Embraces condition-based management. This authority allows the Forest Service to conduct land management actions, generally timber harvest, whenever the agency encounters a particular environmental condition, such as insect outbreaks or high fuel loads, on the ground. Site-specific analysis would not be required. The agency would not be required to consider a range of alternatives to addressing the environmental condition, even though alternative development is the “heart” of the environmental analysis process.
A common theme across these proposed changes is the authorization of nearly every land management action possible without detailed environmental analysis and public comment or administrative review.
We are working with groups across the nation to review and comment on these proposed rules. Comments are due by August 12, 2019. Individuals can submit comments through the public participation portal and additional information on the proposed rule can be found here.
Also see the note below regarding upcoming Forest Service webinars on the proposed rule.
The Fire MOU—co-authored by Sierra Forest Legacy and the U.S. Forest Service in the fall of 2015 to support expanded use of fire for ecological and other resource benefits—has grown to 37 member agencies and organizations throughout California. On April 5, over fifty members of the Fire MOU Partnership gathered at the Wildland Fire Training Center in McClellan, California for our annual “indoor” meeting to share and learn the latest from key fire and forest ecologists working in California and beyond. The following is a summary of the discussions and presentations, which can be downloaded from the California Fire Science Consortium website.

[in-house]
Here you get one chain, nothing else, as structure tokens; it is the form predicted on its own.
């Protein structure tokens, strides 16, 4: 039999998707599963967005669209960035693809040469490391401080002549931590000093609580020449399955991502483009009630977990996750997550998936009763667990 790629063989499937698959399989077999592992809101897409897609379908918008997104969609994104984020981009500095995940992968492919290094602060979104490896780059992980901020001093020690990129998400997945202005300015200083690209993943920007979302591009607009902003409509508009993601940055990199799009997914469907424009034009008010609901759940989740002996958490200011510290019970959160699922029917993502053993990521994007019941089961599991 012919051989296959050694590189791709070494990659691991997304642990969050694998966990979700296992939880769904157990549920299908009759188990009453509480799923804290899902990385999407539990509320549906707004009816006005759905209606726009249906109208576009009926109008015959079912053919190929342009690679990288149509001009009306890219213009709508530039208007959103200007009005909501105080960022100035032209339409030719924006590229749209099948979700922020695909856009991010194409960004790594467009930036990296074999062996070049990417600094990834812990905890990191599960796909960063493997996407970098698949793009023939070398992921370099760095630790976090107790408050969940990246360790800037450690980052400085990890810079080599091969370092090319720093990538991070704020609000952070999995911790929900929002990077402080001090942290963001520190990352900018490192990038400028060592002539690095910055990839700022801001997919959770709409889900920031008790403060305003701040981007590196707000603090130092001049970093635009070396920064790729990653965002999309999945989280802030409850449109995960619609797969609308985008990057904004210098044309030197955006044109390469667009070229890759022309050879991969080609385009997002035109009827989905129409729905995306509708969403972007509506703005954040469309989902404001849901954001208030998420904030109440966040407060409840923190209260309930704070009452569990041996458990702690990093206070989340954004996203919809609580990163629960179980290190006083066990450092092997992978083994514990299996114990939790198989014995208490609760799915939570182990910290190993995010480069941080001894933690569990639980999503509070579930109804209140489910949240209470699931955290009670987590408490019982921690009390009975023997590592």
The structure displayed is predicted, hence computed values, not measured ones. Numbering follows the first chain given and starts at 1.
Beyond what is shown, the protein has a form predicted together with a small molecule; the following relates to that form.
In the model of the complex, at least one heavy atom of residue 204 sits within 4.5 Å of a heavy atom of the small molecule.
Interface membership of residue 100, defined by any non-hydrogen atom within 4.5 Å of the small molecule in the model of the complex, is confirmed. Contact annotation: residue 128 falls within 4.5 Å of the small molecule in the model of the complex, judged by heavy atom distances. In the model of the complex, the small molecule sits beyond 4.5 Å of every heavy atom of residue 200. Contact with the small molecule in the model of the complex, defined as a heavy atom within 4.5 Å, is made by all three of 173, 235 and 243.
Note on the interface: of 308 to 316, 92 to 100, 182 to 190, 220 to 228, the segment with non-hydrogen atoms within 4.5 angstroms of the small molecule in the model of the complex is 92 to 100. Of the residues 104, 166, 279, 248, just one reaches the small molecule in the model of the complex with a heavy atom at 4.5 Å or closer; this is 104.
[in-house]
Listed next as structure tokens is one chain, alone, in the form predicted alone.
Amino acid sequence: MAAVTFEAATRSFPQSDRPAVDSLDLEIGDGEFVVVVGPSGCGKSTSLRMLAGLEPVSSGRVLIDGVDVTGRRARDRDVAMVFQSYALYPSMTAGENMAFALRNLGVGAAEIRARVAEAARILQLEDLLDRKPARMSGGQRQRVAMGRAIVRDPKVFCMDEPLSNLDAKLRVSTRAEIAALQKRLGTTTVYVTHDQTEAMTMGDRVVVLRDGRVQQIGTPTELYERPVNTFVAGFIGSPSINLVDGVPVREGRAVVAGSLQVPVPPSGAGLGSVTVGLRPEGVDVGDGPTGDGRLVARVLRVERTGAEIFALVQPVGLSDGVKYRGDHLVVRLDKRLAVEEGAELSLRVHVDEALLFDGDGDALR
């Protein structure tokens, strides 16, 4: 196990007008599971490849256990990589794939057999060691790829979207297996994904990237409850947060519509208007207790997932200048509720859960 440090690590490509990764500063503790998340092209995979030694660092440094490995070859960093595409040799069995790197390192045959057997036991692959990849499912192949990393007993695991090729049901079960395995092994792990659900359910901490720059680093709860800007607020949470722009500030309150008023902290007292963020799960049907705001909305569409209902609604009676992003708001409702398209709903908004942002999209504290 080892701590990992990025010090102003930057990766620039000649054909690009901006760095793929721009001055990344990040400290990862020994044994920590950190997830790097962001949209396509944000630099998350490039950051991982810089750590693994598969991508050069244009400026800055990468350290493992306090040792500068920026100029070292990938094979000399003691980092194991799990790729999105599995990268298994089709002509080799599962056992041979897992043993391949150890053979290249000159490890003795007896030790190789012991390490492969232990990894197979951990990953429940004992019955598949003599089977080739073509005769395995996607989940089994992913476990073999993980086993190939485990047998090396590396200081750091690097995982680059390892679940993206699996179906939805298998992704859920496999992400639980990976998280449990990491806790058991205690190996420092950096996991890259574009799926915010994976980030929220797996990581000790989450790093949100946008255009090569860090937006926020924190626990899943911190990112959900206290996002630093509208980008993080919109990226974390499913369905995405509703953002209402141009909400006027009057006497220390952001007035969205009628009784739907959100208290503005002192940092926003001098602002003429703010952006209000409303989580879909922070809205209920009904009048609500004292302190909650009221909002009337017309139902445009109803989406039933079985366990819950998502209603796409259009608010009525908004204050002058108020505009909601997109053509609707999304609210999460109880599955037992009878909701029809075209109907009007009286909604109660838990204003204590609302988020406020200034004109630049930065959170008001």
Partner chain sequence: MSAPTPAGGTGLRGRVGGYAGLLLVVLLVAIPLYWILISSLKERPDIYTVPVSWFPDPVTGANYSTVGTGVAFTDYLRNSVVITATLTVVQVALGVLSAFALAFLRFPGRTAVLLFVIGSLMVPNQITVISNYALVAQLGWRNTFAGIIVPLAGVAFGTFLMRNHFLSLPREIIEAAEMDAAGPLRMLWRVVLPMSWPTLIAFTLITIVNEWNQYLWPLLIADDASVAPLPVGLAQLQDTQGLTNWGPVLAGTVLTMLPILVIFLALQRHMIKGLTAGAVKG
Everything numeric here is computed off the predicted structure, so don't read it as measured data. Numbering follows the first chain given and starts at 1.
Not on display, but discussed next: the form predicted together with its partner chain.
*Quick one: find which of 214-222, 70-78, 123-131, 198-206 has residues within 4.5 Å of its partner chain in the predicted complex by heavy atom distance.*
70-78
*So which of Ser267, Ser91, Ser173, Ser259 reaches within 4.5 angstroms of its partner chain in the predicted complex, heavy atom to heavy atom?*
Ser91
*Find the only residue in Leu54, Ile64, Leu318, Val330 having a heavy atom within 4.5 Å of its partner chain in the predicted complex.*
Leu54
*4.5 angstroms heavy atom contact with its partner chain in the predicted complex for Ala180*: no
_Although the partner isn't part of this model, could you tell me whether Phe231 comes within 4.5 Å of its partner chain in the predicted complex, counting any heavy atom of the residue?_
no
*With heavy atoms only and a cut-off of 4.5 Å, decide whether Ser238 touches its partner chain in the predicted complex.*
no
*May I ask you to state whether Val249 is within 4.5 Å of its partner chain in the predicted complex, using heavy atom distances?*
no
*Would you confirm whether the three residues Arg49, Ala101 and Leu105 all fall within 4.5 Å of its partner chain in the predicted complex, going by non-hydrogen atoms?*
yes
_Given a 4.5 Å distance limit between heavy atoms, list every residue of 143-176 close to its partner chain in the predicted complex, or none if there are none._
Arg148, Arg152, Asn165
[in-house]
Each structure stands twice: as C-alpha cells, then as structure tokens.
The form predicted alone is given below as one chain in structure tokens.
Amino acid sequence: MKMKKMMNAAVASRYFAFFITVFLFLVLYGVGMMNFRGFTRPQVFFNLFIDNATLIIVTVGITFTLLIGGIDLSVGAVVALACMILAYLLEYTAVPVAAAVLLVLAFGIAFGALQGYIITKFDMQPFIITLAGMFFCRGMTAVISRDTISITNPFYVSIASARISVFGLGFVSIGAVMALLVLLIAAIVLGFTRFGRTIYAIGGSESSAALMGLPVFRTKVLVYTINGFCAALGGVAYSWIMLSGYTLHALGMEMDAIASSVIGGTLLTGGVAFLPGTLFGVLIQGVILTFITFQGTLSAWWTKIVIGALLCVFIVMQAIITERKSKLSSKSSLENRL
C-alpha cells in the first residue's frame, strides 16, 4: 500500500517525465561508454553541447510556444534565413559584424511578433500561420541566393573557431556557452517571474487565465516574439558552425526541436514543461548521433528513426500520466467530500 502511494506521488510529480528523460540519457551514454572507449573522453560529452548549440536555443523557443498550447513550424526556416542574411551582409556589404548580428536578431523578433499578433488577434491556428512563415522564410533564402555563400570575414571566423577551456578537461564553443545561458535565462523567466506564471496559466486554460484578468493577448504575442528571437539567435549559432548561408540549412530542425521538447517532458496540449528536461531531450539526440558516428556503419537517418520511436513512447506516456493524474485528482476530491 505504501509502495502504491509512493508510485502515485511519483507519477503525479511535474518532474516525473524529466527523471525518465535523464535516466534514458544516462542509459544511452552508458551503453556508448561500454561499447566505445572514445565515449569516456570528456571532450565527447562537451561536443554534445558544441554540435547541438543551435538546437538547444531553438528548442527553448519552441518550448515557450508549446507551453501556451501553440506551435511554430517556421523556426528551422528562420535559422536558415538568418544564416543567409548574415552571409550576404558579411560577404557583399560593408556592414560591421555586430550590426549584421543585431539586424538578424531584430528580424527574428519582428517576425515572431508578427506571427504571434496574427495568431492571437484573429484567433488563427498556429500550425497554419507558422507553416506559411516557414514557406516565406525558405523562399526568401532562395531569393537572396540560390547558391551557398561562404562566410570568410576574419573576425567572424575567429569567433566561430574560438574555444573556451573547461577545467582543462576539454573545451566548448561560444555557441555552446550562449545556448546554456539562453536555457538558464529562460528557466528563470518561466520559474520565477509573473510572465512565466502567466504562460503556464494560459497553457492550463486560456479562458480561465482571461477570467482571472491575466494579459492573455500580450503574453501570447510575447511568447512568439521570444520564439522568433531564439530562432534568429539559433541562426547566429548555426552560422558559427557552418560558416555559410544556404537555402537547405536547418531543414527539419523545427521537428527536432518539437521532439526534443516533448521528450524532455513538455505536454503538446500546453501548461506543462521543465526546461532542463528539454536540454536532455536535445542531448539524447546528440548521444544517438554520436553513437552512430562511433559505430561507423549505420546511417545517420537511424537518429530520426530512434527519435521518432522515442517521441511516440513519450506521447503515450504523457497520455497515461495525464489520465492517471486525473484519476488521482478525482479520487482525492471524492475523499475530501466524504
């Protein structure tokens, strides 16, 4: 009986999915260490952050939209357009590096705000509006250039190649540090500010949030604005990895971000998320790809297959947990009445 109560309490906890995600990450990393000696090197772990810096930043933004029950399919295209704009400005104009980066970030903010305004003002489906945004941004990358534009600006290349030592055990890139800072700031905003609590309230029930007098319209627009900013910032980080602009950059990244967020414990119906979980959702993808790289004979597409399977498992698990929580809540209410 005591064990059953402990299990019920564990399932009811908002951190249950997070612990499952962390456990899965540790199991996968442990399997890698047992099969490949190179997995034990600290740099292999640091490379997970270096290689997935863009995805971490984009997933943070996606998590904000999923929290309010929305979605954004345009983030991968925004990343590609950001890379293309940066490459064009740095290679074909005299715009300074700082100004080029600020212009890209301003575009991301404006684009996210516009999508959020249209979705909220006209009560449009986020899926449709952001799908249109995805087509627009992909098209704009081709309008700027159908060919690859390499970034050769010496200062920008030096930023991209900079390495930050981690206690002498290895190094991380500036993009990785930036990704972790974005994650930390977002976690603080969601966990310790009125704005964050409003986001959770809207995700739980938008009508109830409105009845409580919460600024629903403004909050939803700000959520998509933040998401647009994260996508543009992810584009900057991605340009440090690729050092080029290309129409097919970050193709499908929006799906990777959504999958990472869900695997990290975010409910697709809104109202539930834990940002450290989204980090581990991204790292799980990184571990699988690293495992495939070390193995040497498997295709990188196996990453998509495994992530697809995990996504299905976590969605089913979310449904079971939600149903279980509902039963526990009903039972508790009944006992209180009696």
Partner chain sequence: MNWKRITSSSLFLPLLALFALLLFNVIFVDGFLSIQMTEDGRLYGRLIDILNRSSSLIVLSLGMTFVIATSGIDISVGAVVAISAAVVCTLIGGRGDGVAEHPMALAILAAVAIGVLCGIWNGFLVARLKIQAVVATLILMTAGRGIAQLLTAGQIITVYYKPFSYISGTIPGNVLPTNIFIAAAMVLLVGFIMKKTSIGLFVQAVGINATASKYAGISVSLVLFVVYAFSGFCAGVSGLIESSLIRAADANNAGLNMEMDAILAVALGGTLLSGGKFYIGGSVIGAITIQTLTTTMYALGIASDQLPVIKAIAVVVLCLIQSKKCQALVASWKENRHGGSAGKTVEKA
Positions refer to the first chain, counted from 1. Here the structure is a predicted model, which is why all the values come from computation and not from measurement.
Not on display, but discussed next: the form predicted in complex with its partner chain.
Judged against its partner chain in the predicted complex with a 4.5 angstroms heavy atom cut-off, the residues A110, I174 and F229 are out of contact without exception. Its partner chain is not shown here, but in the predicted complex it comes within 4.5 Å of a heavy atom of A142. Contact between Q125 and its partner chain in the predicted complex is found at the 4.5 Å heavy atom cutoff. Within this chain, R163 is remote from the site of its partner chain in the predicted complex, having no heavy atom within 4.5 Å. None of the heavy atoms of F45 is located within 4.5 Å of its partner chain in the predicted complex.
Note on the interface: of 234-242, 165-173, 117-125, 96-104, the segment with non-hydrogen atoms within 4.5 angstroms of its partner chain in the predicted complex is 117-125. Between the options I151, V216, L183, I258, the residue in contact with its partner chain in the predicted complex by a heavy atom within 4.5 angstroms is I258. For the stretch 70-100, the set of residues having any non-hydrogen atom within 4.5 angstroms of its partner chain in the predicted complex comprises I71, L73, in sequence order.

Expanding Fire Restoration in California
The busy morning session included excellent presentations by Courtney Schultz, Director of the Public Lands Policy Group and Associate Professor Forest and Natural Resource Policy at Colorado State University, on her work and report focused on Barriers to Burning.
Following was Rob York, from UC Berkeley and Blodgett Research Forest, discussing Pyrosilviculture and integrating fire ecology, fire history and fire use into decisions about forest manipulations to meet management objectives.
Next up was Malcolm North, PSW and UC Davis researcher discussing fire and reforestation as part of his (and 24 other authors') examination of the failure of outdated reforestation strategies that ignore fire’s role in the forests of California. Known as the “Pines in Lines” paper, it has created a stir in the world of traditional silviculture and with those committed to highly flammable plantation forestry that fosters on-going fire suppression at the landscape scale.
Following Malcolm was Brandon Collins, PSW and UC Berkeley, discussing the role of mixed-severity fire in the Sierra Nevada and restoring fire in recently burned landscapes. Brandon is helping us think about using fire to deal with overly dense and uncharacteristic post-fire environments, and the need for ongoing fire maintenance.